Moving education in the modern technological era has been an ongoing task for school districts and administrators alike. With the ever-evolving education tools at hand, there are so many options from which to choose that paralysis by analysis can easily set in. EdTech has seen a rapid rise in popularity, with many notable EdTech startups and EdTech pioneers making a name for themselves disrupting the education industry. Among these many companies is EduSync, a startup that offers a Google Apps-integrated K-12 system that provides a shared calendar interface for lesson and unit planning, a document sharing space, and communication tools for teachers to easily connect with students and parents.
EduSync's Various Tools
EduSync is an entirely cloud-based platform, and registration is as simple as signing up with your Google account. The platform offers two sets of tools: one for teachers and another for students. TeacherCal is the tool for the instructor to build lesson plans, share study aids, and communicate with the student. EddyCal is the student tool where students and parents get assignments, study aids, and can connect with the teacher. Teachers can send messages to classes and students as well.
There are other established platforms already in this space – the two most popular being Edmodo and Moodle. According to cofounder and CEO Ryan Lynch, EduSync was developed because he found that most other platforms actually took more time to use than just writing out the instructions by hand. He felt the ground-up Google Apps integration was vital to the speed-of-use component inherent to EduSync. While Edmodo added Google Docs integration in 2012, Lynch emphasized that there is a big difference between integrating Google Docs into a platform versus using the entire cloud-based suite as a foundation for the app.
There is a student collaboration piece to Edmodo, Moodle, and Schoology that make it popular with users -a feature that EduSync doesn't currently offer. There are plans, however, to build pieces into the platform with a whiteboard concept and communication tools soon. Lynch added that there are sharing aspects of Google Docs already available on EduSync that allow for students to work together.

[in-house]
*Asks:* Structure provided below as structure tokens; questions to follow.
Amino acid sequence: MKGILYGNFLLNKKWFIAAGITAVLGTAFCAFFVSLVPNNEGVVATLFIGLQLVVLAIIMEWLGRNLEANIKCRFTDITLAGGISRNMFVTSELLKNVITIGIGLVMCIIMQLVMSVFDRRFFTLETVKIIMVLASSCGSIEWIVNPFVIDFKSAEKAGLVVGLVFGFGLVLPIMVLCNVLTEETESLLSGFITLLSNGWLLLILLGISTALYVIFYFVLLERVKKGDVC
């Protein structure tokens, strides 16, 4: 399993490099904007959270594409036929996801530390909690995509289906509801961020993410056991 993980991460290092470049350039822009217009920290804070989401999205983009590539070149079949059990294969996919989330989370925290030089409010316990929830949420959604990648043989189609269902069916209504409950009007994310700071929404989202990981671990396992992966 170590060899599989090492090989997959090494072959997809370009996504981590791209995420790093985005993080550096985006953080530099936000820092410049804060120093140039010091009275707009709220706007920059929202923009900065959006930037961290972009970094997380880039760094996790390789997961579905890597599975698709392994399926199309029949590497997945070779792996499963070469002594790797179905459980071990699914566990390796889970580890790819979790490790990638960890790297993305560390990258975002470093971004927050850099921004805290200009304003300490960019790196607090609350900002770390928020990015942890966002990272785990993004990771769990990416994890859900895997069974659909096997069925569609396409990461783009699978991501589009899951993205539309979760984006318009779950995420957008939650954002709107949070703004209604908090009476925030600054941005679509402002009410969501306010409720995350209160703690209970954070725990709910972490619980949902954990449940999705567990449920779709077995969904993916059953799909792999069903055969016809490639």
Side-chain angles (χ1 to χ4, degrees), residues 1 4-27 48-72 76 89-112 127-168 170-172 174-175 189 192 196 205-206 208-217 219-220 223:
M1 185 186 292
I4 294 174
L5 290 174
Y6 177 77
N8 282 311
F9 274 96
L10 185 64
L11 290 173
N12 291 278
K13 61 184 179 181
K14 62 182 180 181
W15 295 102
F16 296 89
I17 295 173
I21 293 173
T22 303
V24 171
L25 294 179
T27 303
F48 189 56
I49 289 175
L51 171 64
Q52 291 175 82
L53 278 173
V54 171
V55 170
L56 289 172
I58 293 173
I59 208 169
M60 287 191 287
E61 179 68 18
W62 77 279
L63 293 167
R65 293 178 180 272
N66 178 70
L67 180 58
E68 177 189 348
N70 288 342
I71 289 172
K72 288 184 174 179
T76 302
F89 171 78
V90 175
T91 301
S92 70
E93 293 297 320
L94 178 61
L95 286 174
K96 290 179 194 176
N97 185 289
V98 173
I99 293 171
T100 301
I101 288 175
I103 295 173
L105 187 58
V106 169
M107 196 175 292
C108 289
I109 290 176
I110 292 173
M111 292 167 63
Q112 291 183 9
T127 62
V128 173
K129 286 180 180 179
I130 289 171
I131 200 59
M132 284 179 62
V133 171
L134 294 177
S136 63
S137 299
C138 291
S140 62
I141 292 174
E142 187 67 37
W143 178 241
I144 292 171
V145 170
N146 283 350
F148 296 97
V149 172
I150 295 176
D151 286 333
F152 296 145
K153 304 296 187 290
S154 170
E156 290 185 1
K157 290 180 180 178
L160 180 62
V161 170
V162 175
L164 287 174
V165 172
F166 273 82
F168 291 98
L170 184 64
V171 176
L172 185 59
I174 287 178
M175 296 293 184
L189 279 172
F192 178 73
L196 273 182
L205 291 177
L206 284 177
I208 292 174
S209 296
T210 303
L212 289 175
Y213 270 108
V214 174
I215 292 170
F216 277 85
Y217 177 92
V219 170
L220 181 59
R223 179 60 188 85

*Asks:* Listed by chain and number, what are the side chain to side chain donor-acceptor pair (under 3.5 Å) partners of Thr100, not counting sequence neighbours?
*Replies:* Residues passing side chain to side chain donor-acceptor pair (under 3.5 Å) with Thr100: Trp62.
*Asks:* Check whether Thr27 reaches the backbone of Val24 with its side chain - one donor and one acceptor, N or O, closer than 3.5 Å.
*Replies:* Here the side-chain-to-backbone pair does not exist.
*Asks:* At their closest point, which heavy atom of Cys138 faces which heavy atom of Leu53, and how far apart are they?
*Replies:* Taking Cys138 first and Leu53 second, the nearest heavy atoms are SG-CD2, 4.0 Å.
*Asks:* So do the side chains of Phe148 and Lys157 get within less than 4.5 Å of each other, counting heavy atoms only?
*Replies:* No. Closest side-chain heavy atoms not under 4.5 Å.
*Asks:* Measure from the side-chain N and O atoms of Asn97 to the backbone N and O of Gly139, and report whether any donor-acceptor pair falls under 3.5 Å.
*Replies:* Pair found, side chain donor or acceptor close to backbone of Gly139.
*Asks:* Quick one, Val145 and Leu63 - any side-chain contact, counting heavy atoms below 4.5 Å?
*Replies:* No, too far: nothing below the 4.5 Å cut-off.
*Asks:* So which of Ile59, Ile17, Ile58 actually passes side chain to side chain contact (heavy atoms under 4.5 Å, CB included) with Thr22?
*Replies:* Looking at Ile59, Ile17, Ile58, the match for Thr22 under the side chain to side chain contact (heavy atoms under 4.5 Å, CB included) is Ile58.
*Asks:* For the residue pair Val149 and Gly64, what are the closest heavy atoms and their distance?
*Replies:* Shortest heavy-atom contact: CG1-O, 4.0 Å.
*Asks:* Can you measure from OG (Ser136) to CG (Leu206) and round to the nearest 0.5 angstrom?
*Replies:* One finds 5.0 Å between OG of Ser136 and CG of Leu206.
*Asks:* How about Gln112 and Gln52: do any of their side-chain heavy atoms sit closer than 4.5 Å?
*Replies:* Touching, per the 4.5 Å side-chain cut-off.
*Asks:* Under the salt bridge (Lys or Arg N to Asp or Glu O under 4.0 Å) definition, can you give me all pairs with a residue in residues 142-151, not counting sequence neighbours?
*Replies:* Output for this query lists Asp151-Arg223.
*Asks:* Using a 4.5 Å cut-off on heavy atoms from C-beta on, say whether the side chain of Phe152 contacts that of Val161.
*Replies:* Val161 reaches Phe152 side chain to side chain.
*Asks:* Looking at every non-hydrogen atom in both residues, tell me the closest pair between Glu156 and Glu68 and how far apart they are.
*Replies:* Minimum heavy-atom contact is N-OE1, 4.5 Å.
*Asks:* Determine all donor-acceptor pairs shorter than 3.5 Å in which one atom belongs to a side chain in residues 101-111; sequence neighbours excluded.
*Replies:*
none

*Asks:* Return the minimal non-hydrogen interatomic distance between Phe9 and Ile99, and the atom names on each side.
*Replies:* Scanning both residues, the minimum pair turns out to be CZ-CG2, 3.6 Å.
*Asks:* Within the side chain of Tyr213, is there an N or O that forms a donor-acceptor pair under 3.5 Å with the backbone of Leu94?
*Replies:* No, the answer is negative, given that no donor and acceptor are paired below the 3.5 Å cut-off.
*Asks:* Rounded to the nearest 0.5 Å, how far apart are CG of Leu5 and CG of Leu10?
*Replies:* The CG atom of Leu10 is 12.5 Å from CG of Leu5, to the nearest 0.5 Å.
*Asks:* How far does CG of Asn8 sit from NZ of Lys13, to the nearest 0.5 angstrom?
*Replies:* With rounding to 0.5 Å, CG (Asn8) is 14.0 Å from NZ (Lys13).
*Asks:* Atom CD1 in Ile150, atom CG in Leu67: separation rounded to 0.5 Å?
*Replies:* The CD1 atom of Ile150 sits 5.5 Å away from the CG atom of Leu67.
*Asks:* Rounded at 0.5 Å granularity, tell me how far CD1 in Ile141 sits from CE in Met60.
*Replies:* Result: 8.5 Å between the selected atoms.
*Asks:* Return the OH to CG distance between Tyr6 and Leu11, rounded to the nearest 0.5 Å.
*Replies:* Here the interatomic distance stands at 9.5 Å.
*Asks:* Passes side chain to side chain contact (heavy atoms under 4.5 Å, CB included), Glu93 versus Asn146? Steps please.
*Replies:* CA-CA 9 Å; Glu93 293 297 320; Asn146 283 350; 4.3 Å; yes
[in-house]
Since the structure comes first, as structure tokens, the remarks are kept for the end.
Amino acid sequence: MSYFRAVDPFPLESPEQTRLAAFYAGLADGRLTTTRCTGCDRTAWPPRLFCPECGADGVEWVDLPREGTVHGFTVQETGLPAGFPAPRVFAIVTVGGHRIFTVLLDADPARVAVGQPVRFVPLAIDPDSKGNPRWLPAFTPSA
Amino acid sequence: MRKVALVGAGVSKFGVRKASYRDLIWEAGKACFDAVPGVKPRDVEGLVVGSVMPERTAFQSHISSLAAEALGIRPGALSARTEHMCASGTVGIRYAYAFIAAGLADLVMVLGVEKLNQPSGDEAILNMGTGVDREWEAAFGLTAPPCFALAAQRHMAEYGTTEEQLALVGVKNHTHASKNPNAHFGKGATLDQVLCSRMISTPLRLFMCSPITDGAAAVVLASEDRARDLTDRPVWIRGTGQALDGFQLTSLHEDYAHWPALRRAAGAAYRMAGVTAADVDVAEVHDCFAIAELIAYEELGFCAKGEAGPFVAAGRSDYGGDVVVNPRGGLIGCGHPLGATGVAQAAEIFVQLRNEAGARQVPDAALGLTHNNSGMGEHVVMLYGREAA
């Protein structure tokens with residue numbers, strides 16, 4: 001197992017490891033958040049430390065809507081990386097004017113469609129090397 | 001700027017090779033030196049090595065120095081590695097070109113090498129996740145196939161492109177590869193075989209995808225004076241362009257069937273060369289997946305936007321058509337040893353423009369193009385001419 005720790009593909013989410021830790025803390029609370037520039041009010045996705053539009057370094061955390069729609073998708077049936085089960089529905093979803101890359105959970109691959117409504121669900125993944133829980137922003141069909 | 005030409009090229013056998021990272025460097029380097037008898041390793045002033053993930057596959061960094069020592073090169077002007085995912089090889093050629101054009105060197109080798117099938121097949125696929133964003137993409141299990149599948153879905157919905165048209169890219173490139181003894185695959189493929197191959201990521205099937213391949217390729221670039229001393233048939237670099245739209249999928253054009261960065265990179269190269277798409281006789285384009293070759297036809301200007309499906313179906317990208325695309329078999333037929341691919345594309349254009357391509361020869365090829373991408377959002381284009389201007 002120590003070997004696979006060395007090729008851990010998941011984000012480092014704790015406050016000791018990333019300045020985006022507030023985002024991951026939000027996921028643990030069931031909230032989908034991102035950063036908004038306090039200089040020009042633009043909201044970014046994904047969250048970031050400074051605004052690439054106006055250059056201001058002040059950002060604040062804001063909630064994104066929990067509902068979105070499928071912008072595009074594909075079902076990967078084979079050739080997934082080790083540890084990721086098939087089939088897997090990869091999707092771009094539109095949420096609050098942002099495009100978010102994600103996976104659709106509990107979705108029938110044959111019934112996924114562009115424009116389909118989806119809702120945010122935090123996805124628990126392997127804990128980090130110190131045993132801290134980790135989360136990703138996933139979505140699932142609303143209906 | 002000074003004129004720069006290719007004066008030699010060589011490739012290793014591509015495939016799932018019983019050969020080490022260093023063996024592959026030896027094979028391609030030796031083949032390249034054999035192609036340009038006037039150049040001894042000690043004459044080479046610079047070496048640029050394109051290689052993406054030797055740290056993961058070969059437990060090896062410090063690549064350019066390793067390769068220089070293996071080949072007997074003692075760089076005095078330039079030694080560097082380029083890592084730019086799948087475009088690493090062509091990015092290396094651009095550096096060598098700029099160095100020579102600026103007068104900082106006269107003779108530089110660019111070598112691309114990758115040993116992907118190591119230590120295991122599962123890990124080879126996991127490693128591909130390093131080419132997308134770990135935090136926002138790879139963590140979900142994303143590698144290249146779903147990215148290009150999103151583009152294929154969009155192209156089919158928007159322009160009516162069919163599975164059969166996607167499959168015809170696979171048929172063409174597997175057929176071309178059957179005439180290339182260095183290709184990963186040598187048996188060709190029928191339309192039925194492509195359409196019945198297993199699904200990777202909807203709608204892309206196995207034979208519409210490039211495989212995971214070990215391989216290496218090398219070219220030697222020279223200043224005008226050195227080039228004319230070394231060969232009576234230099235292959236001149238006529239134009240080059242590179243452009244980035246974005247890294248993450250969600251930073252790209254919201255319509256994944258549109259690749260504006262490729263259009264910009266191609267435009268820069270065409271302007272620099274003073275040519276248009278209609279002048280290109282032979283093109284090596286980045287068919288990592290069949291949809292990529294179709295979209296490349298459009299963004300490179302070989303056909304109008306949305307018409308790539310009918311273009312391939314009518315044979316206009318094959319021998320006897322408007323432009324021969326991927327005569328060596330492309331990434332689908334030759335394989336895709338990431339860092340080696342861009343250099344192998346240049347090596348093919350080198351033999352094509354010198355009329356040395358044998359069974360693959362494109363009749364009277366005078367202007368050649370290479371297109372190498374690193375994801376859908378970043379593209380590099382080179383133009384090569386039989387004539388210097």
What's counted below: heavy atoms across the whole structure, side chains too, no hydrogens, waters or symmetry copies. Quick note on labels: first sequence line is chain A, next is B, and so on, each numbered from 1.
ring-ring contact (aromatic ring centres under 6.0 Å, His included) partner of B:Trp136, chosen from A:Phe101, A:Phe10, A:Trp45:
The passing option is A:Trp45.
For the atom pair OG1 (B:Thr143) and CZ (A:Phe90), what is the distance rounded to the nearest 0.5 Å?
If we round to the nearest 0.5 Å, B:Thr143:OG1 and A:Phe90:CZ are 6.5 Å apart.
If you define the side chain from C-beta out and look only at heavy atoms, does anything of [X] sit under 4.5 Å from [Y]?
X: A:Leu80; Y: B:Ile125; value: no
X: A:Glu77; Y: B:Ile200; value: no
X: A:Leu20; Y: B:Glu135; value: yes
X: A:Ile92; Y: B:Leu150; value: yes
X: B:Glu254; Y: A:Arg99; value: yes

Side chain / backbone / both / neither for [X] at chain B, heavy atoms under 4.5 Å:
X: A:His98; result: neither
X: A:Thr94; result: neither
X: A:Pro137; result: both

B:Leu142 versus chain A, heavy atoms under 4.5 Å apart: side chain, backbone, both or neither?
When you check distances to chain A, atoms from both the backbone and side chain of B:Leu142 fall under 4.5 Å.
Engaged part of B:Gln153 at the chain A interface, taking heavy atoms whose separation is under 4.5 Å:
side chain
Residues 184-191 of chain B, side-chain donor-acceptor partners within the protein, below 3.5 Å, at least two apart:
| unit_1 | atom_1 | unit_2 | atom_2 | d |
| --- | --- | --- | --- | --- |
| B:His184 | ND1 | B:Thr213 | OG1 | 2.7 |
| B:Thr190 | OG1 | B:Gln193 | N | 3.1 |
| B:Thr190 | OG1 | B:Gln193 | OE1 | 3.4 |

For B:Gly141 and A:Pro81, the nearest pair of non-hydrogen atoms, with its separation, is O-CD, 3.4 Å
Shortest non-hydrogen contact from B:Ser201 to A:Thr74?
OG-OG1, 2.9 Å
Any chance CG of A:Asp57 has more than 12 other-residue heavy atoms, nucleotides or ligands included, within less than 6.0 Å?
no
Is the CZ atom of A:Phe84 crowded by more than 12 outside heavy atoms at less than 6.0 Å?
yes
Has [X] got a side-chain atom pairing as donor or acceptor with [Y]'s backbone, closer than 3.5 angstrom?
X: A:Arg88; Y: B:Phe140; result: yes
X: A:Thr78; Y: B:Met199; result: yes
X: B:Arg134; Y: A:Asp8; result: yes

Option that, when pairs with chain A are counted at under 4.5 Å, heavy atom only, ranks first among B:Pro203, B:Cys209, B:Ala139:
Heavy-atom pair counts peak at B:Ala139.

On Growing EduSync
While EduSync is currently bootstrapped, the company's platform is currently used in more than 1000 schools nationwide. The company is not currently charging for their platform, but Lynch mentioned that they are the process of securing funding to help them scale. The issue, though, he added is that there are some perceptions around EdTech funding that make raising capital difficult. Investors believe schools have no money and are slow to adopt. He also added that, well, all startups have a difficult time finding funding.
There are other platforms in the space with considerable traction. Edmodo is arguably one of the most significant EdTech players in the industry while Moodle was acquired by Blackboard a few years ago. However, having over 1000 users is enough for EduSync to get something going. EdTech is a growing market as the traditional education model changes. There will be plenty of room for many players, and the market will eventually decide what platform serves students and teacher the best.